Nature has a handle on waste. Bacteria, fungi and other microorganisms act as nature’s decomposers, breaking down organic matter into nutrients that are recycled through the earth’s living systems: soil, water, and air. Microbes also breakdown natural and synthetic chemicals, transforming these into raw materials and energy.
From industrial waste to aquaculture systems, microorganisms are used in treating waste products and managing pollutants through the processes of bioremediation. Employing microbes provides environmentally-safe and cost-effective alternatives to traditional management programs such as expensive chemical or physical treatments.
How Bioremediation Works
Bioremediation utilizes naturally occurring, non-pathogenic microorganisms selected for their abilities to degrade target substances. The organisms used in bioremediation include bacteria, fungi, and yeasts capable of digesting waste products quickly. This technology is not new. Microorganisms have been used for many years in composting and wastewater treatment.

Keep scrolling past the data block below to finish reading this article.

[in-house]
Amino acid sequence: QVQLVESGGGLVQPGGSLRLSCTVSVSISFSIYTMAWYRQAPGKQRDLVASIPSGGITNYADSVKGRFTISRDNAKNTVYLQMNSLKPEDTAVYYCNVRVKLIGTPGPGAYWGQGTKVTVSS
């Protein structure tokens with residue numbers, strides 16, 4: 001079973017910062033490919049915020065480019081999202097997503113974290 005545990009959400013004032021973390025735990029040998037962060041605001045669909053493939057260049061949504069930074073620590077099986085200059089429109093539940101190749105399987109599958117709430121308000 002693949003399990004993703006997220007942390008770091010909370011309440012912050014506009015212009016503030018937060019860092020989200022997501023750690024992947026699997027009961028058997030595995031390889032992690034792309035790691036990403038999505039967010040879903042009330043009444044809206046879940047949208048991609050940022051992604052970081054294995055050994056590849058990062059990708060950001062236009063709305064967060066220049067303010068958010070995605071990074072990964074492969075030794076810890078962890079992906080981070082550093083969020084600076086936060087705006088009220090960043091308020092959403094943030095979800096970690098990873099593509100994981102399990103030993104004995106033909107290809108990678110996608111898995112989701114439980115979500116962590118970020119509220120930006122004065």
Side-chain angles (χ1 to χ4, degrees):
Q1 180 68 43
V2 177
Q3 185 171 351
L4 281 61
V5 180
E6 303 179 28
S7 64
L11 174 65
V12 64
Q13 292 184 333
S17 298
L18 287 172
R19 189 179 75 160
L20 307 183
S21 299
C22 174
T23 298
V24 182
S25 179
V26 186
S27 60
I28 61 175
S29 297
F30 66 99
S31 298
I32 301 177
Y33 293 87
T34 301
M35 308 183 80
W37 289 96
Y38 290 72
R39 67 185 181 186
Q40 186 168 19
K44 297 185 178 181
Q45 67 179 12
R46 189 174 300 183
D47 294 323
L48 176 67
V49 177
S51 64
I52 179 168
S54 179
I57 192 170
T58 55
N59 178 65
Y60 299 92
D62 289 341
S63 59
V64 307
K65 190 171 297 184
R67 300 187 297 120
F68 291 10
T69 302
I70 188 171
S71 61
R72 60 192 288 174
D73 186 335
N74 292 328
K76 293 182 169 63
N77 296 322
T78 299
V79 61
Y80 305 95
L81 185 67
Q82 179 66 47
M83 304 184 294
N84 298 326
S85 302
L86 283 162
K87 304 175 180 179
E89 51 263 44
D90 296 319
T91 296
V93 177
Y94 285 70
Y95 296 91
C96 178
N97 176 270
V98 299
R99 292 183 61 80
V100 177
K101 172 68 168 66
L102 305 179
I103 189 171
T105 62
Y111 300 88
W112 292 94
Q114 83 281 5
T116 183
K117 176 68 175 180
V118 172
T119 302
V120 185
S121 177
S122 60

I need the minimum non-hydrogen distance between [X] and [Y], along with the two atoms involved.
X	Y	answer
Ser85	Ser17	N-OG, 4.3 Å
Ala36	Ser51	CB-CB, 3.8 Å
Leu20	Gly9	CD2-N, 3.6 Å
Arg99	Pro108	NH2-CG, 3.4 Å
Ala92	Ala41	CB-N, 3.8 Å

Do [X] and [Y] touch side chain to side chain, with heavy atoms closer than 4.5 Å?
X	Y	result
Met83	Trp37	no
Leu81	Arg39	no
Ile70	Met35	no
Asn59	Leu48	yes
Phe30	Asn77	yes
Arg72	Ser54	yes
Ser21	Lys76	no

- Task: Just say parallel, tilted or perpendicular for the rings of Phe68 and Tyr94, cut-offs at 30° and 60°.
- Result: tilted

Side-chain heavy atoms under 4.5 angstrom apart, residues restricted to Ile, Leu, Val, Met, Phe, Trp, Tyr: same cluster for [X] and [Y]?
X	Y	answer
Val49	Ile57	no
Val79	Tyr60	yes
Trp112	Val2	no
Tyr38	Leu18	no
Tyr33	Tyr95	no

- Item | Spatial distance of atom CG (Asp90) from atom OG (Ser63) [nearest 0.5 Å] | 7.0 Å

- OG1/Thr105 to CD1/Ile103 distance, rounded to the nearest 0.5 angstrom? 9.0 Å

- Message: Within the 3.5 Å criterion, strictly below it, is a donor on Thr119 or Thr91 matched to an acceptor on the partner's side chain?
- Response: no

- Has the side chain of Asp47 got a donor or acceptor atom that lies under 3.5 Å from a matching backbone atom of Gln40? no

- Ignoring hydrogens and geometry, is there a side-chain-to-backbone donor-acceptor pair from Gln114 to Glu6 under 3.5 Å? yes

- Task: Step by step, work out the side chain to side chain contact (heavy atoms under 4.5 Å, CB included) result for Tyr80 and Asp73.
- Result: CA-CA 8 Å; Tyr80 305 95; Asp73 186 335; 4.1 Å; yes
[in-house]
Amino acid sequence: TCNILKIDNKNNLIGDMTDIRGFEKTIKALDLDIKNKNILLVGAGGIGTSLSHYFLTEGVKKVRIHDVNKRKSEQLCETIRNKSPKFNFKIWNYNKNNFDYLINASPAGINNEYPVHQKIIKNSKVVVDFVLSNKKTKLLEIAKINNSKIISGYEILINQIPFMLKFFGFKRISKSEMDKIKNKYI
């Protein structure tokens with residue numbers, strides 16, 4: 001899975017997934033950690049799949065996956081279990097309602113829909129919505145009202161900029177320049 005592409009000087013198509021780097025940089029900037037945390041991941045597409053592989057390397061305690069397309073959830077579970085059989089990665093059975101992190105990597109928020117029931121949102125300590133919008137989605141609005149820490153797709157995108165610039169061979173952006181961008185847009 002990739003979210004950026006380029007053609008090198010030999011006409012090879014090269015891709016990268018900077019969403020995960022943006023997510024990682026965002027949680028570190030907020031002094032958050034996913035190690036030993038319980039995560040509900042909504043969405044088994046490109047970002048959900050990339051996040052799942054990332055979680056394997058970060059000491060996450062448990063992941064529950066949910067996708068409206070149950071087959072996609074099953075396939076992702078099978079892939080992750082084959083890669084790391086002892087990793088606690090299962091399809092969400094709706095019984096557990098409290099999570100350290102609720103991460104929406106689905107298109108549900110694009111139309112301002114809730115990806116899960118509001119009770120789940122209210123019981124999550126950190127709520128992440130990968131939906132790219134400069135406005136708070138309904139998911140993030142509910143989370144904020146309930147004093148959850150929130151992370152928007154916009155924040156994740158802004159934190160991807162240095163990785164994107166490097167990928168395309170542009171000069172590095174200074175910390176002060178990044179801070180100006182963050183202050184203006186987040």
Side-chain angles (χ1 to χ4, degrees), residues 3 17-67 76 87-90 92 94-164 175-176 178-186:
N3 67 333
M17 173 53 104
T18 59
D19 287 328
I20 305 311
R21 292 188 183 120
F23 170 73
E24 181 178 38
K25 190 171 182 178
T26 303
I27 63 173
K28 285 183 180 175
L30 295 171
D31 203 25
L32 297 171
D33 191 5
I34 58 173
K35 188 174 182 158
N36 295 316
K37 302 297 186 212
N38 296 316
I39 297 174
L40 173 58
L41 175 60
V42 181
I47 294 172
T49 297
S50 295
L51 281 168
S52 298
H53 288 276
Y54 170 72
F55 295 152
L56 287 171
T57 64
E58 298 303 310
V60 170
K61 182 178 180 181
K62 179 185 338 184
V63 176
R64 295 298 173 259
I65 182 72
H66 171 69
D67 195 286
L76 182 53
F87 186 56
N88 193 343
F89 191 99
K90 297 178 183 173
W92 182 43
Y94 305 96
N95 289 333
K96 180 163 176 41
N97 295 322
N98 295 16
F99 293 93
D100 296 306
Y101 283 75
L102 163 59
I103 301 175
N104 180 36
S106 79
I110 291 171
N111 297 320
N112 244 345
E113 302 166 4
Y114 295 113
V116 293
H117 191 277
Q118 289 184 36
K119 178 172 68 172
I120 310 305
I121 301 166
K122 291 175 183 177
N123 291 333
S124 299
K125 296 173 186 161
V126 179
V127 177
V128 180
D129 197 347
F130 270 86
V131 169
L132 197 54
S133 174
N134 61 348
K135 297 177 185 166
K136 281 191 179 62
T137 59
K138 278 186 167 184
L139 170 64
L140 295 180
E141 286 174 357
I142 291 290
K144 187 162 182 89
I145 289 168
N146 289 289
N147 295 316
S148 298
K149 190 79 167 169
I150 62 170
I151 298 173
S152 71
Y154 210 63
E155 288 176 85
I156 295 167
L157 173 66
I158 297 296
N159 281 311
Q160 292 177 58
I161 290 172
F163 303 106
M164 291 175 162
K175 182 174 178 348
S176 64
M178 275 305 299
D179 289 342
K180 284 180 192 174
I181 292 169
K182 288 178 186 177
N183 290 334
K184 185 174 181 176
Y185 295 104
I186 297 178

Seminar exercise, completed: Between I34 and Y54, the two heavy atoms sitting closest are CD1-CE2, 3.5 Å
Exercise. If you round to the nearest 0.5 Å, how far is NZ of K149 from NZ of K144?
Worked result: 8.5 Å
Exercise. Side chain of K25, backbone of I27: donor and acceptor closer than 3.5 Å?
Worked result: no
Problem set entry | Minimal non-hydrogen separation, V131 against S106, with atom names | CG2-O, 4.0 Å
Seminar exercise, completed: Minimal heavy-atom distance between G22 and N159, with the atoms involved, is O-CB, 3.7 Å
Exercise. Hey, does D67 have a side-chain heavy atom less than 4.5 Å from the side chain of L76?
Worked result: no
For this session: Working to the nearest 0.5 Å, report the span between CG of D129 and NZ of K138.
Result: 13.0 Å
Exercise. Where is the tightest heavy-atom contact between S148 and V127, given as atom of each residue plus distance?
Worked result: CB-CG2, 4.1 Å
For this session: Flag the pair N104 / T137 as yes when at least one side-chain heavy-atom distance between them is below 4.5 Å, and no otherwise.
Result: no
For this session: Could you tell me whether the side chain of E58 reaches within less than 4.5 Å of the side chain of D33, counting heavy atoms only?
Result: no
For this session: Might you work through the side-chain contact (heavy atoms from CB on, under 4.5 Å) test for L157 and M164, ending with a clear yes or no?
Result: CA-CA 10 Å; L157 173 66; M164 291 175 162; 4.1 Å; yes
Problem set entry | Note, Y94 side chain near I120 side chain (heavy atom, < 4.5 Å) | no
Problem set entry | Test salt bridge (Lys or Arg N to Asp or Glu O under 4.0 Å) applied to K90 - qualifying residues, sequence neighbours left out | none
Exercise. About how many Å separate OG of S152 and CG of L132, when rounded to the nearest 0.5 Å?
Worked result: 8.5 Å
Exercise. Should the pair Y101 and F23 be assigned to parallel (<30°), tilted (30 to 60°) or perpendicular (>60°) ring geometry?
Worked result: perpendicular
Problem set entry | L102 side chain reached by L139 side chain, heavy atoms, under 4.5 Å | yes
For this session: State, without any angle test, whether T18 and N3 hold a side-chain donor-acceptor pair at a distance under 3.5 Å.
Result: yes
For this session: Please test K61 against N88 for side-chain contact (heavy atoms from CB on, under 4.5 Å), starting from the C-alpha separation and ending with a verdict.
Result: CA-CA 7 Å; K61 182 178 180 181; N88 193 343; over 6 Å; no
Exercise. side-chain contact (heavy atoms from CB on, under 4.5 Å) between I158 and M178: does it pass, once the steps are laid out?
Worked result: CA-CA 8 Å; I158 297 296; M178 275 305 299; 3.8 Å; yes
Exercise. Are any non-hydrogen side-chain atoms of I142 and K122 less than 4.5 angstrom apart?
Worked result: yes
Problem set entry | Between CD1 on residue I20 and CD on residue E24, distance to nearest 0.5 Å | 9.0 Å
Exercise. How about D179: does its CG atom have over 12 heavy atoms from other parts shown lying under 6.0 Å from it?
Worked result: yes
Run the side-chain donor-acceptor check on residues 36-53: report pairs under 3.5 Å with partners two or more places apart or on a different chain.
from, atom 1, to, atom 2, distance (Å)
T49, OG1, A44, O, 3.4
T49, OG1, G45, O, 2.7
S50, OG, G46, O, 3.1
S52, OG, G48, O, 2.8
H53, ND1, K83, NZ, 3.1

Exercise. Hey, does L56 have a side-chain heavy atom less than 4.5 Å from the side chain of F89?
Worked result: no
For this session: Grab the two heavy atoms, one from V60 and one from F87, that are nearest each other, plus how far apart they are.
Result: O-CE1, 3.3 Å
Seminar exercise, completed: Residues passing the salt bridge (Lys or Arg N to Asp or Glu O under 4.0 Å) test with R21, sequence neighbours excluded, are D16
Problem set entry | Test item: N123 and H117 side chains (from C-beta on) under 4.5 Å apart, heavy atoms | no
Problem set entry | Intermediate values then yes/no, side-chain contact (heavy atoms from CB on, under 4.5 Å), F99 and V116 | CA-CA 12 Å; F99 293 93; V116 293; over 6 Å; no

Performance of microorganisms is enhanced in bioremediation applications by providing an optimal environment for growth and reproduction. Specific enzymes and nutrients may be added to support the pollution-eating microbes already present in the contaminated site. In some situations, specialized microbes are added to contaminated systems to degrade target substances. This form of bioremediation is called biological augmentation, or bioaugmentation.
Advantages of Bioremediation
Bioremediation provides several advantages over traditional management practices. Because it enhances natural decomposition processes, the public generally views bioremediation in a positive light, which benefits public relations. Bioremediation requires minimal inputs of equipment and technology, and is relatively low cost compared to other remediation treatments.